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What is Anorexia?
Transcript of What is Anorexia?
Anorexia is a complex eating disorder with three key features:
Refusal to maintain a healthy body weight.
An intense fear of gaining weight.
A distorted body image.
What Causes Anorexia Nervosa?
Women in the U.S. are under constant pressure to fit a certain ideal of beauty. Seeing images of thin females everywhere makes it hard for women to feel good about their bodies. Women are also feeling pressure to have a perfect body
If you have a mother or sister with anorexia, you are more likely to develop the disorder as well .
Life changes or stressful events:
Traumatic events (like rape) as well as stressful things (like starting a new job), can lead to the onset of anorexia.
Someone with anorexia may not like her or himself, hate the way she or he looks, or feel hopeless. She or he often sets hard-to-reach goals for her or himself and tries to be perfect in every way.
Genes, hormones and chemicals in the brain may be factors in developing anorexia.
Difficulty expressing feelings.
Troubled family relationships.
History of physical or sexual abuse.
Family history of eating disorders.
Symptoms of Anorexia Nervosa
Having an intense fear of gaining weight.
Low blood pressure.
Constipation and slow emptying of the stomach.
Feeling cold, with a lower-than-normal body temperature.
Exercising too much.
Thinning hair, dry skin and brittle nails.
Have not had a period for three or more cycles (in women).
Loss of bone strength.
Refuse to keep weight at what is considered normal for her age and height.
In the United States, approximately 86 deaths in 100,000 among 15 to 24 year olds are attributed to Anorexia Nervosa about five times more than what is expected among people in that age group.
The suicide risk among individuals with Anorexia Nervosa is approximately 32 times that of the general population.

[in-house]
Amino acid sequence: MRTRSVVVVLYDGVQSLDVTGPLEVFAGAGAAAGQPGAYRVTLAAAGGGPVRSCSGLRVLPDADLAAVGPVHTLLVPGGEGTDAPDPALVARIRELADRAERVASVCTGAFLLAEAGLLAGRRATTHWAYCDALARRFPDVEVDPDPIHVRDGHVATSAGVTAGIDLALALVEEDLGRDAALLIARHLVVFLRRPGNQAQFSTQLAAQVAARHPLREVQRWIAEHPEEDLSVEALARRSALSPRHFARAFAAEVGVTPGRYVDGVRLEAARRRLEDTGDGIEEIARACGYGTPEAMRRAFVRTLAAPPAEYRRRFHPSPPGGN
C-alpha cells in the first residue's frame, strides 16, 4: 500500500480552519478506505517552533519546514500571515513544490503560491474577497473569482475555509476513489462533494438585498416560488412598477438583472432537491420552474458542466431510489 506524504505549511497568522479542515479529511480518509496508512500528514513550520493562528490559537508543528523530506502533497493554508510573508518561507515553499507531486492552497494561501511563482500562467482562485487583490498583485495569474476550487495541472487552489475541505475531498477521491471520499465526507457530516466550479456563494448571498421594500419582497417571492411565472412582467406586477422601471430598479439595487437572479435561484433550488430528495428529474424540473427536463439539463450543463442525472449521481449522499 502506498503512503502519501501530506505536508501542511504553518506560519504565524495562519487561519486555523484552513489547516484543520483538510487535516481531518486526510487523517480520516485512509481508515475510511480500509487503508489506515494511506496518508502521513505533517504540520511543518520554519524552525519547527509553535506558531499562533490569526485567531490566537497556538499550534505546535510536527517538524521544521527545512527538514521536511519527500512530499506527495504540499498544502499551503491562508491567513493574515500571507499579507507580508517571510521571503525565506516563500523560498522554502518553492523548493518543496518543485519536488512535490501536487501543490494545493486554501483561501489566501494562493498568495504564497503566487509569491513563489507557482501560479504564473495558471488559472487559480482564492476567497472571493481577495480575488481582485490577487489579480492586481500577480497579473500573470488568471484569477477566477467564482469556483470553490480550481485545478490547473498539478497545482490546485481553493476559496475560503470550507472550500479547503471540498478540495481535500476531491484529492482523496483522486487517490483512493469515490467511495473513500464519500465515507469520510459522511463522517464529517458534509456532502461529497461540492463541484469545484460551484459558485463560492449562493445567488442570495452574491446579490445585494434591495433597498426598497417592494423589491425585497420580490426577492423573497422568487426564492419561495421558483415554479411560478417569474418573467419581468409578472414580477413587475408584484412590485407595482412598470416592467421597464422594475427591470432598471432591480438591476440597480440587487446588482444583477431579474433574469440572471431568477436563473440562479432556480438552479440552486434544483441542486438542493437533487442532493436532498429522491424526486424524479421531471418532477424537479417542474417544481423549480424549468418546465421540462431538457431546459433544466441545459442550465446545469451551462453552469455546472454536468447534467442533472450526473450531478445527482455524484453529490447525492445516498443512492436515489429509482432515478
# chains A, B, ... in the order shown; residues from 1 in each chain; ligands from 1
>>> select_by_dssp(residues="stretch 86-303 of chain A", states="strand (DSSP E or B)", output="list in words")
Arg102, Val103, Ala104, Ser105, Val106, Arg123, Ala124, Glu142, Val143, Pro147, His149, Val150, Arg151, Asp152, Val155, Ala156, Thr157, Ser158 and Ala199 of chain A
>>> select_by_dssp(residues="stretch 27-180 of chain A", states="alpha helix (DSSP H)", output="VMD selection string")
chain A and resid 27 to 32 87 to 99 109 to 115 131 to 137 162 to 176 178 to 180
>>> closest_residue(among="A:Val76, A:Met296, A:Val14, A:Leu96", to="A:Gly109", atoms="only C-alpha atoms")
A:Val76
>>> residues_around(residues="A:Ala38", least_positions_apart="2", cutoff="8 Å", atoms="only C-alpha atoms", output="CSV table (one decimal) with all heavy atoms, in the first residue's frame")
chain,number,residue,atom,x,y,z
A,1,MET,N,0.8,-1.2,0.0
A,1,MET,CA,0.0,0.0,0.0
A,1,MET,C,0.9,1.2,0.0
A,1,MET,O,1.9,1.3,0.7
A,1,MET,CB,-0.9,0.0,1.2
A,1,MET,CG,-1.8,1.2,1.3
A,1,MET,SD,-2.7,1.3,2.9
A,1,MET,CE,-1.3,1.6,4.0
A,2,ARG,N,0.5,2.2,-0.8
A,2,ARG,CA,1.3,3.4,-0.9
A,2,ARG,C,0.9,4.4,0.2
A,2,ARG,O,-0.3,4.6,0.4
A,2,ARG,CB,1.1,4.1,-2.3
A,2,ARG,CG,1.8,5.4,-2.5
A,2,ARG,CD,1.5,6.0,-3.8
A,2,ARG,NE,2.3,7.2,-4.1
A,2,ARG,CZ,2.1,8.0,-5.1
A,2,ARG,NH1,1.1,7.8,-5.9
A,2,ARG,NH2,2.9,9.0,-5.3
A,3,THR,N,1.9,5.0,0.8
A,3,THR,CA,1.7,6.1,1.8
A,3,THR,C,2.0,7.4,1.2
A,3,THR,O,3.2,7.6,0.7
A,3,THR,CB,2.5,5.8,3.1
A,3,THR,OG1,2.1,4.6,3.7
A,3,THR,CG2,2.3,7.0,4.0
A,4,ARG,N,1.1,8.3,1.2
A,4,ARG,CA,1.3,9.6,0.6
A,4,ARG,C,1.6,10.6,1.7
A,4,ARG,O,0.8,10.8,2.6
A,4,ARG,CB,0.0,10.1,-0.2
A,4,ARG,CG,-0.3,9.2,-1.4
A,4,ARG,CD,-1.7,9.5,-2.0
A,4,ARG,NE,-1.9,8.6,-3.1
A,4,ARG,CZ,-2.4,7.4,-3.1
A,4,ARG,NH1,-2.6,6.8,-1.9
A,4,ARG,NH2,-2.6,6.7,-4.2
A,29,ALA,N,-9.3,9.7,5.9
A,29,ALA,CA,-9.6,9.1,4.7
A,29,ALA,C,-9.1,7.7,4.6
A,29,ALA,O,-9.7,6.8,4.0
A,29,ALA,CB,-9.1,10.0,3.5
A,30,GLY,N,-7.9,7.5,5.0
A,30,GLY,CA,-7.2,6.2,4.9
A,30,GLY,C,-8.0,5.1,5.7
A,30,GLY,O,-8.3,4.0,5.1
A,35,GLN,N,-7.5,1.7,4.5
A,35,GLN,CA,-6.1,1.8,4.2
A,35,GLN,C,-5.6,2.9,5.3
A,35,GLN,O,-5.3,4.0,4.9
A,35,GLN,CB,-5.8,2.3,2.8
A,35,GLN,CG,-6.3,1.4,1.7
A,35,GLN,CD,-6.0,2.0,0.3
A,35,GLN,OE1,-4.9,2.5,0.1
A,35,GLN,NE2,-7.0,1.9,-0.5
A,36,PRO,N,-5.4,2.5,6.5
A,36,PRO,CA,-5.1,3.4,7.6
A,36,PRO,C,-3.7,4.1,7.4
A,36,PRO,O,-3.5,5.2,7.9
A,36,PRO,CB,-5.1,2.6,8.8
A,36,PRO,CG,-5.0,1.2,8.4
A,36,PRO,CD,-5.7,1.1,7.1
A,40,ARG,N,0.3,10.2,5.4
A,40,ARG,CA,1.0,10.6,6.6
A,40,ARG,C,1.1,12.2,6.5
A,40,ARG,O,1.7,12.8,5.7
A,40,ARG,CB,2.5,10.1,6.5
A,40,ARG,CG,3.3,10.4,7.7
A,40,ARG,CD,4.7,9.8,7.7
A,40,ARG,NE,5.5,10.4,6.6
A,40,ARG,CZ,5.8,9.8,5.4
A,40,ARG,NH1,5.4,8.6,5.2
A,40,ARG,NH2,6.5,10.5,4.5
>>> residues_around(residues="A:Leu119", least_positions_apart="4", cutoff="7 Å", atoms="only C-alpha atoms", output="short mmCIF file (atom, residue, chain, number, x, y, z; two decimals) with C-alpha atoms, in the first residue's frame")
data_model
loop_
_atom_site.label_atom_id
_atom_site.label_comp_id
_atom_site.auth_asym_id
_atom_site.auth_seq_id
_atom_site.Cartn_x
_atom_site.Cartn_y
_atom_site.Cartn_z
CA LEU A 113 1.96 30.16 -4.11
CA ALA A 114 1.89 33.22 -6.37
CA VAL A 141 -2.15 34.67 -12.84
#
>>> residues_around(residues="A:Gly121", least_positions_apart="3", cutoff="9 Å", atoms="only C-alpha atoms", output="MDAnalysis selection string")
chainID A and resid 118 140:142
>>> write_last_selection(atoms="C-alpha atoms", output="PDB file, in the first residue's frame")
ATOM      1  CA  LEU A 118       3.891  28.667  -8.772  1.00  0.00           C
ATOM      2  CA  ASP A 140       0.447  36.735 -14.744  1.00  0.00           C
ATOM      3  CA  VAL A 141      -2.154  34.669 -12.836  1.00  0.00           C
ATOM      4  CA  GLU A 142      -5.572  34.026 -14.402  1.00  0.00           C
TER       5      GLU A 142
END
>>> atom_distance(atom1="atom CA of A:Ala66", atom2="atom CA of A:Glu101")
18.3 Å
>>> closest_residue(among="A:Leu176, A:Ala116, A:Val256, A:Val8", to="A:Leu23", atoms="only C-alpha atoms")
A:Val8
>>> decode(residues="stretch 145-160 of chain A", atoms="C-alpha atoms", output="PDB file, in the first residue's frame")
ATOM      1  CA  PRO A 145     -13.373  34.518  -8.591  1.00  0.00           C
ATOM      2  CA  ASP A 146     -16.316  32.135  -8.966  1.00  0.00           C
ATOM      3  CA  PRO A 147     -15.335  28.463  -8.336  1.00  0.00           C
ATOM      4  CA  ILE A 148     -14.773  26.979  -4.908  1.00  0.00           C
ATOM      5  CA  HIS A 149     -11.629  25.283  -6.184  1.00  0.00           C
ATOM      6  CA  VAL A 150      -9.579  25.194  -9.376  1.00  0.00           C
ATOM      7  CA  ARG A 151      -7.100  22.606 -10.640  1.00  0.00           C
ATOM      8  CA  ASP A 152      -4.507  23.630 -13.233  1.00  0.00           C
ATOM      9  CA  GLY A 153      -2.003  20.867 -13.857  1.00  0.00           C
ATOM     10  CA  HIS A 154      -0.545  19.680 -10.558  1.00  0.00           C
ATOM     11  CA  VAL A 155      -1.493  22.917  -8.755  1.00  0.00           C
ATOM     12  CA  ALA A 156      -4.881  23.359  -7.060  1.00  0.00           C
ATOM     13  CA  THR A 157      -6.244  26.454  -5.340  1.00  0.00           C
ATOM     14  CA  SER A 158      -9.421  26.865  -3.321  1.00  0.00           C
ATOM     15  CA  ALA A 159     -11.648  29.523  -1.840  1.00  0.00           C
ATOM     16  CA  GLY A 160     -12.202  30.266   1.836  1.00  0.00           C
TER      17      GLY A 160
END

Total number of people with Anorexia is 8 million.
Women with an eating disorder is 7 million.
Men - 1 million get this disorder.
Types of Anorexia Nervosa
There are two types of Anorexia. In the
of anorexia, weight loss is achieved by restricting calories (following drastic diets, fasting, and exercising to excess).
of anorexia, weight loss is achieved by vomiting or using laxatives and diuretics.
Restoring a healthy weight.
There are no medicines to treat Anorexia Nervosa but if you are depressed or anxious, your doctor may prescribe an antidepressant medicine.
Diagnosis and Testing
Physical Exam- measuring your height weight, checking vital signs
Laboratory Test- includes a complete blood count.
Psychological evaluation- Doctor or mental provider will ask about your thoughts, feelings, eating habits
Other studies such as X-Rays, Electrocardiograms, and Bone density testing.
By: Jessica Coyotl
High Self Esteem
Positive body image
Critical Processing of media images.
Being self-directed and assertive.
Good social skills with success at performing multiple social roles.
Problem solving and coping skills.
Family Protective Factors
Belonging to a family that does not overemphasis weight and physical attractiveness.
Eating regular meals with the family.
Belonging to a less westernised culture that accepts a range of body shapes and sizes.
Involvement with sport or industry where there is no emphasis on physical attractiveness or thinness.
Peer or social support structures and relationships where weight and physical appearance are not of high concern.
“There is no magic cure, no making it all go away forever. There are only small steps upward; an easier day, an unexpected laugh, a mirror that doesn't matter anymore.”
― -Laurie Halse Anderson, Wintergirls